The emails depict an exchange that month between employees of two state departments that expresses concern about the water’s safety within the Michigan government long before Mr. Snyder acknowledged to residents in the fall that there was a problem.
The correspondence — between employees of the Michigan Department of Environmental Quality and the Michigan Department of Technology, Management and Budget — was obtained by a liberal advocacy group, Progress Michigan. The news was reported on Thursday by The Detroit Free Press.
Lonnie Scott, the executive director of Progress Michigan, accused the state government of valuing the well-being of its employees more than that of Flint’s residents.
…attorneys have subpoenaed all emails and communications between Michigan Gov. Rick Snyder (R) over the ongoing Flint water crisis, a few details have been released showing what can only be described as depraved indifference on the part of state workers to the plight of Flint citizens.
The Republican governor released some staff emails on Jan. 20, showing that he was well aware that Flint citizens were slowly being poisoned following a decision by the Michigan Department of Environmental Quality to force them to live with lead-tainted water.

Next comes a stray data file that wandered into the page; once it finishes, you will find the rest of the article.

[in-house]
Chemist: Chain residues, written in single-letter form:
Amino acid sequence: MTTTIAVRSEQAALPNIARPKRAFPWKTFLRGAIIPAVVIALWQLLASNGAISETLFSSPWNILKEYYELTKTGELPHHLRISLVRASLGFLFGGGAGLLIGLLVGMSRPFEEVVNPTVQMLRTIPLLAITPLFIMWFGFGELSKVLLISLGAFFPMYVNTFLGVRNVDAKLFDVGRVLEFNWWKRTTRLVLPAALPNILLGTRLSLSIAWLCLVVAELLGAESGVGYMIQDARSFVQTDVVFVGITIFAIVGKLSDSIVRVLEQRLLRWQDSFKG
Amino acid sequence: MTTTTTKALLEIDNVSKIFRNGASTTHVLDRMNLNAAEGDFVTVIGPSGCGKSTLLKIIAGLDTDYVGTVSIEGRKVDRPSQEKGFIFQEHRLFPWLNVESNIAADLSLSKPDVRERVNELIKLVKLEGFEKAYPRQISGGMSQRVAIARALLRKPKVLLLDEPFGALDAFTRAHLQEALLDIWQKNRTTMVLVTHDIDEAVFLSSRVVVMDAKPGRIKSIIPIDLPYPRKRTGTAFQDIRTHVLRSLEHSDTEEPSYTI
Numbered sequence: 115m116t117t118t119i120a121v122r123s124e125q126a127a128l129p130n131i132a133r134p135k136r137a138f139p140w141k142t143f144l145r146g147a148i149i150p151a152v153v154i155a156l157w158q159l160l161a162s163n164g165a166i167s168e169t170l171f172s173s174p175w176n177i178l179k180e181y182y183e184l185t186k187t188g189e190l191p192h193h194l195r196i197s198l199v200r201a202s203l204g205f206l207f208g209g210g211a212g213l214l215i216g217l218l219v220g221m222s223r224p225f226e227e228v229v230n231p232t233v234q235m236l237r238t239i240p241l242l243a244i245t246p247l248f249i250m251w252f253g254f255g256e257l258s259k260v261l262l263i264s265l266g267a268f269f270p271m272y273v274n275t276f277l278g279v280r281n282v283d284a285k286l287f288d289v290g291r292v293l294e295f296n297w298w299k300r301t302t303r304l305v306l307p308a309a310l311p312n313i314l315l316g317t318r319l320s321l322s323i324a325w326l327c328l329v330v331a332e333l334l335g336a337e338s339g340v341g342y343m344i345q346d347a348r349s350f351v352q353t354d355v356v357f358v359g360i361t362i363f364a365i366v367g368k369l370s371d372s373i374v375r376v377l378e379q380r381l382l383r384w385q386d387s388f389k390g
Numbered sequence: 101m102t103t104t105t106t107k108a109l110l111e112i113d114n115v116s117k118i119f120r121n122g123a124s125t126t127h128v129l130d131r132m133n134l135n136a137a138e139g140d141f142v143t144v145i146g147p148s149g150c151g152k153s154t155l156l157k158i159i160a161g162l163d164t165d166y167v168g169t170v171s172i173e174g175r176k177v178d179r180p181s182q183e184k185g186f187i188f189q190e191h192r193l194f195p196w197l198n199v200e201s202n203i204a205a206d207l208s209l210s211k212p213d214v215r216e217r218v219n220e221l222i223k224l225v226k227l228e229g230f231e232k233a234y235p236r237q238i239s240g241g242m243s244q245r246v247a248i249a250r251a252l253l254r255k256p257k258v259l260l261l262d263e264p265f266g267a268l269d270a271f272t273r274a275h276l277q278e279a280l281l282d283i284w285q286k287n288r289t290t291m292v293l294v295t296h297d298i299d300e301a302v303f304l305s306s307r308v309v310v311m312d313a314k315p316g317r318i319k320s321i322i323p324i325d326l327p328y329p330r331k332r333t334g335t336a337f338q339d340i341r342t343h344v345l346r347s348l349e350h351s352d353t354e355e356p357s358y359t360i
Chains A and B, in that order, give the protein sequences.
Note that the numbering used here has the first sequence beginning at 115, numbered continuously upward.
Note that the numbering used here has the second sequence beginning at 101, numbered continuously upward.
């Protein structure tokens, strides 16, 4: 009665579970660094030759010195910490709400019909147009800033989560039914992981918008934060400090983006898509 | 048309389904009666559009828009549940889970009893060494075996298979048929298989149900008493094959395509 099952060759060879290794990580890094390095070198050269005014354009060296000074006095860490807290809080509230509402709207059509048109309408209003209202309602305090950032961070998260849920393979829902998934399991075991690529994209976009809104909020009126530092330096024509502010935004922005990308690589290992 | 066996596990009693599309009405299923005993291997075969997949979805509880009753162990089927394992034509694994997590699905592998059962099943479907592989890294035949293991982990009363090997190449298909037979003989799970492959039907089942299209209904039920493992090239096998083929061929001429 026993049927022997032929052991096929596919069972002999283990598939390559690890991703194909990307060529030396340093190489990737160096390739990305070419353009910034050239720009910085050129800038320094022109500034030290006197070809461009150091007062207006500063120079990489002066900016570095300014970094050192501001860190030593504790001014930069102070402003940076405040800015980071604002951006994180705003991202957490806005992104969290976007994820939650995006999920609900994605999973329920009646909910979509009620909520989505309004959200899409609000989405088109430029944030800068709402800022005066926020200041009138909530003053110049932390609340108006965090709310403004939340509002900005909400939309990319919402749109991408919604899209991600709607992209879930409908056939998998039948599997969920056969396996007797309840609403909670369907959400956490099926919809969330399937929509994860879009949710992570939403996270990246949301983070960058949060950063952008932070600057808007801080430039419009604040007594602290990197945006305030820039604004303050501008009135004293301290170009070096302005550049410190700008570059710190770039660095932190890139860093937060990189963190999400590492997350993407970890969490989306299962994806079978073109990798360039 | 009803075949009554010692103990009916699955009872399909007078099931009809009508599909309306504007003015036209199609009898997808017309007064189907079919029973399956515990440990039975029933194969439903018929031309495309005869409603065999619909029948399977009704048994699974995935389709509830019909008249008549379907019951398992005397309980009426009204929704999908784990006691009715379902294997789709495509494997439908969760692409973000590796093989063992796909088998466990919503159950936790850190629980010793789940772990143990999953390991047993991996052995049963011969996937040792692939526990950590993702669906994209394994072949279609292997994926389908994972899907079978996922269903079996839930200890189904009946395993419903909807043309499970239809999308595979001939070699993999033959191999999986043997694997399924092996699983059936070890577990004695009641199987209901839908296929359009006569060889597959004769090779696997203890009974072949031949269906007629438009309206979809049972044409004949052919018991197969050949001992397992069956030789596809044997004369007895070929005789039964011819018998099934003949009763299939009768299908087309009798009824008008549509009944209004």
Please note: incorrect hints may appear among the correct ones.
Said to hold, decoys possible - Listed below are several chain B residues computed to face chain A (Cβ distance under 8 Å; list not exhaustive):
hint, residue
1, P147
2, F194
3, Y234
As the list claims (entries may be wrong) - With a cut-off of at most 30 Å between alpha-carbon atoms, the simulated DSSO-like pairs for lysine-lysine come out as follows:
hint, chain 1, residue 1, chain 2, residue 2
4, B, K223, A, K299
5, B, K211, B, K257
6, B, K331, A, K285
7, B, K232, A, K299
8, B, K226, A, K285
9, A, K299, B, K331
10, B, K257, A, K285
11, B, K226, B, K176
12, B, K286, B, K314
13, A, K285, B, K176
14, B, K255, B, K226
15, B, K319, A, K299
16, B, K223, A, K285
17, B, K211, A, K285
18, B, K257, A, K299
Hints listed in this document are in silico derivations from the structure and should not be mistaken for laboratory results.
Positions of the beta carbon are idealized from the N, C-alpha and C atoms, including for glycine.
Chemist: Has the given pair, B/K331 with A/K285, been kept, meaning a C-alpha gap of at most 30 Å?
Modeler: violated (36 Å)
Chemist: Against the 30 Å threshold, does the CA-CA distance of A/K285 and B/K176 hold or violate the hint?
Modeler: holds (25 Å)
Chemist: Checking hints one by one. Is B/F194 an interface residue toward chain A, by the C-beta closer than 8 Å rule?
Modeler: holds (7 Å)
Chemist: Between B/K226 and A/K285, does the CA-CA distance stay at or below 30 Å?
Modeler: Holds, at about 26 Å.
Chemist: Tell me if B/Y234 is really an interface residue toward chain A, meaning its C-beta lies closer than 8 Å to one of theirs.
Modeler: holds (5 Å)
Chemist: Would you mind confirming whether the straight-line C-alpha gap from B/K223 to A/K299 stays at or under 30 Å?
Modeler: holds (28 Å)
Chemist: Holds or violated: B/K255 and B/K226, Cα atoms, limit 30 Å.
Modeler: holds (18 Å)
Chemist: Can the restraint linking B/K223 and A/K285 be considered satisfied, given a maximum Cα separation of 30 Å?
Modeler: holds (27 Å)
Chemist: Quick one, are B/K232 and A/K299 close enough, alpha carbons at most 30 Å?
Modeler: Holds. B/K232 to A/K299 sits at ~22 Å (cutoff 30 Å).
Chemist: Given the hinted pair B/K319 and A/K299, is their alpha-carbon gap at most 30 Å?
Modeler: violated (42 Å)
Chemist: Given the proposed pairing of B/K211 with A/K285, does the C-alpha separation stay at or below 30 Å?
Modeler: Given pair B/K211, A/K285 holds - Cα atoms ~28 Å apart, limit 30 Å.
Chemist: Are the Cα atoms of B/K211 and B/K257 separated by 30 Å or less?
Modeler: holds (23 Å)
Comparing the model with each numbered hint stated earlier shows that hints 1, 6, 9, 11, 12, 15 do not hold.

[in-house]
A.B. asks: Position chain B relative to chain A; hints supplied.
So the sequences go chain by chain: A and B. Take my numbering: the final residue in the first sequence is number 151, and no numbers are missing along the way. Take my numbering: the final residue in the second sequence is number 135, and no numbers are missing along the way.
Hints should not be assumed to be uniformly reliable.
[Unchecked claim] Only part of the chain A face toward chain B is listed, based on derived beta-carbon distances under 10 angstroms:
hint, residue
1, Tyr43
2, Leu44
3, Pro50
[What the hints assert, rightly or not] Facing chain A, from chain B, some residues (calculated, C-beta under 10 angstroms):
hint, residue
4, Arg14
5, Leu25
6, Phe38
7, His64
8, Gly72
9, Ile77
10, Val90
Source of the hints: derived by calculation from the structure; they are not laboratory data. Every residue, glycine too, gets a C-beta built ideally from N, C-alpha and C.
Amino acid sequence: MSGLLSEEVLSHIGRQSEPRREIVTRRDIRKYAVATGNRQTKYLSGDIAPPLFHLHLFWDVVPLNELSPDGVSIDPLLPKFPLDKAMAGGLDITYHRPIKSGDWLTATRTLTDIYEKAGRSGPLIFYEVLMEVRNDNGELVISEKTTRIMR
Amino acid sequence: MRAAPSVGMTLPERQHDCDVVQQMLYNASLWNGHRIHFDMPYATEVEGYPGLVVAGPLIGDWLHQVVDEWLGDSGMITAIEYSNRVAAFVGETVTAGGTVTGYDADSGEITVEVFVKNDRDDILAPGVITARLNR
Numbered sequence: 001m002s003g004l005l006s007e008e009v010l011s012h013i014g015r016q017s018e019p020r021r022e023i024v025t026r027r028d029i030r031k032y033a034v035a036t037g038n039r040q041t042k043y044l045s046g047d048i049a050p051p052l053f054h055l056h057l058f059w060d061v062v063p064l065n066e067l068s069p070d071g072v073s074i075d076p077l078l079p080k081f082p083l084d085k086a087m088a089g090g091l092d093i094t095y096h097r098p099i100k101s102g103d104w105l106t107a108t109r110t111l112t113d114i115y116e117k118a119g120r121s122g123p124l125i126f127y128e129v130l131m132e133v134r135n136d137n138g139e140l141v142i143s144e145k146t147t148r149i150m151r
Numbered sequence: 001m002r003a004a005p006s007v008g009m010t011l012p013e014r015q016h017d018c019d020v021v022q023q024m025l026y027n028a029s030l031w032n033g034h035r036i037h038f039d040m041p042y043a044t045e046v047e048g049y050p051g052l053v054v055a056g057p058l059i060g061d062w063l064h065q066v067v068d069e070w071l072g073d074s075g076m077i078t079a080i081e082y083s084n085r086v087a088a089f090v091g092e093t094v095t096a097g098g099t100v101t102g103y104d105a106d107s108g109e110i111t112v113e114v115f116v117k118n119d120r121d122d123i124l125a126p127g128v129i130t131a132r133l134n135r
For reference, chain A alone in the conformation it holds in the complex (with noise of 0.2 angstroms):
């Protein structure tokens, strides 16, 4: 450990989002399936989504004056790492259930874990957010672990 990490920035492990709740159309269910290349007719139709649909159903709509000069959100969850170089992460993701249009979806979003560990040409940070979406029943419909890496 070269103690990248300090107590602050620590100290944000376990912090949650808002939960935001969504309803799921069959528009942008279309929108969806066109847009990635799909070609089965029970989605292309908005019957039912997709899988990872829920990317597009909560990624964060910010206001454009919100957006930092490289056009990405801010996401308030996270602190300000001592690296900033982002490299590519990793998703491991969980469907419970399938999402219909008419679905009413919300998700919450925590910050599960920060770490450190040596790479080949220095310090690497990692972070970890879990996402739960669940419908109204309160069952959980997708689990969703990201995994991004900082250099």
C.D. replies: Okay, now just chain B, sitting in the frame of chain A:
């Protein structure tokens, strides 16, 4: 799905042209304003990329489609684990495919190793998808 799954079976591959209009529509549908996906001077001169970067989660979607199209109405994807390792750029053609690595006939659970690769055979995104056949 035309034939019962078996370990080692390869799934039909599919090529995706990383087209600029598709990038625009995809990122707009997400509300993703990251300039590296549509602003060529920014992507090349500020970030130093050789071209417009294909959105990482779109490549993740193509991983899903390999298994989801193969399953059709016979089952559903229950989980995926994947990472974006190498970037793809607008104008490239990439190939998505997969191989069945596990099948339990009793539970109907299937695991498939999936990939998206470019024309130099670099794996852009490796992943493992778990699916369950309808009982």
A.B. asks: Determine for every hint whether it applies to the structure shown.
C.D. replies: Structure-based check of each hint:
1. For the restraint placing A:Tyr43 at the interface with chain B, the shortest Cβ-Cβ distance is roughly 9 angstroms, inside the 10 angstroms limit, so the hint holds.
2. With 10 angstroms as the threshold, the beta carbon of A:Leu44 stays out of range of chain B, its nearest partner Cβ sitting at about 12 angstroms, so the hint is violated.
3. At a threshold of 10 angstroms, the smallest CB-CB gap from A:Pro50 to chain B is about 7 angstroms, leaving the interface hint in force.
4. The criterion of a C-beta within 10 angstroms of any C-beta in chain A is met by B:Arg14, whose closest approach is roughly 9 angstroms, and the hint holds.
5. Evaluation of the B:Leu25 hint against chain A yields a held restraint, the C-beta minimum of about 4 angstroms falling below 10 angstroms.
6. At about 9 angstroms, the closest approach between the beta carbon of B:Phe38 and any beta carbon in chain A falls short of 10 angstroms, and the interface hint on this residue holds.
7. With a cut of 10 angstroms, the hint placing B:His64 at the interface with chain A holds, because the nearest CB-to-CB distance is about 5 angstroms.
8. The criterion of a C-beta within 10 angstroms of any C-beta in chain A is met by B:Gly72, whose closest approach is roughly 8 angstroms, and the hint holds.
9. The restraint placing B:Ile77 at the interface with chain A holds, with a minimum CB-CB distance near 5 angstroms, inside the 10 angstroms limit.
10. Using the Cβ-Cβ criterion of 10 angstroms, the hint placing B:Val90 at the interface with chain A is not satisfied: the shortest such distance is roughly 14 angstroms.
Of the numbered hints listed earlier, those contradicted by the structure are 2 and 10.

Out of over 270 pages of communications released, one comment was stunning in its admission of how shabbily complaints over the water were treated by state workers.
According to the NY Times, Snyder was informed in one email that a state nurse told one young mother to not worry about the damage being done to her child when her son’s blood showed an elevated lead level.
“It is just a few IQ points. … It is not the end of the world,” the nurse reportedly told the worried mom.
According to whistle-blower Dr. Mona Hanna-Attisha, “If you were going to put something in a population to keep them down for generations to come — it would be lead.”
The state of Michigan and Flint have already come under attack for using a poster – created by the state’s Department of Health and Human Services — informing parents that it was safe to bathe their children in the contaminated water.
While the poster was pulled, an advisory remained on the state website informing residents that the water is “safe to use for washing because ‘lead in bath water will not soak into your skin fast or at high levels.’ ”
Gov. Snyder’s administration has until Feb. 9 to turn over all communications regarding Flint, dating back to 2011.
Other area’s in the country feel a similar death dance, from different dinosaurs…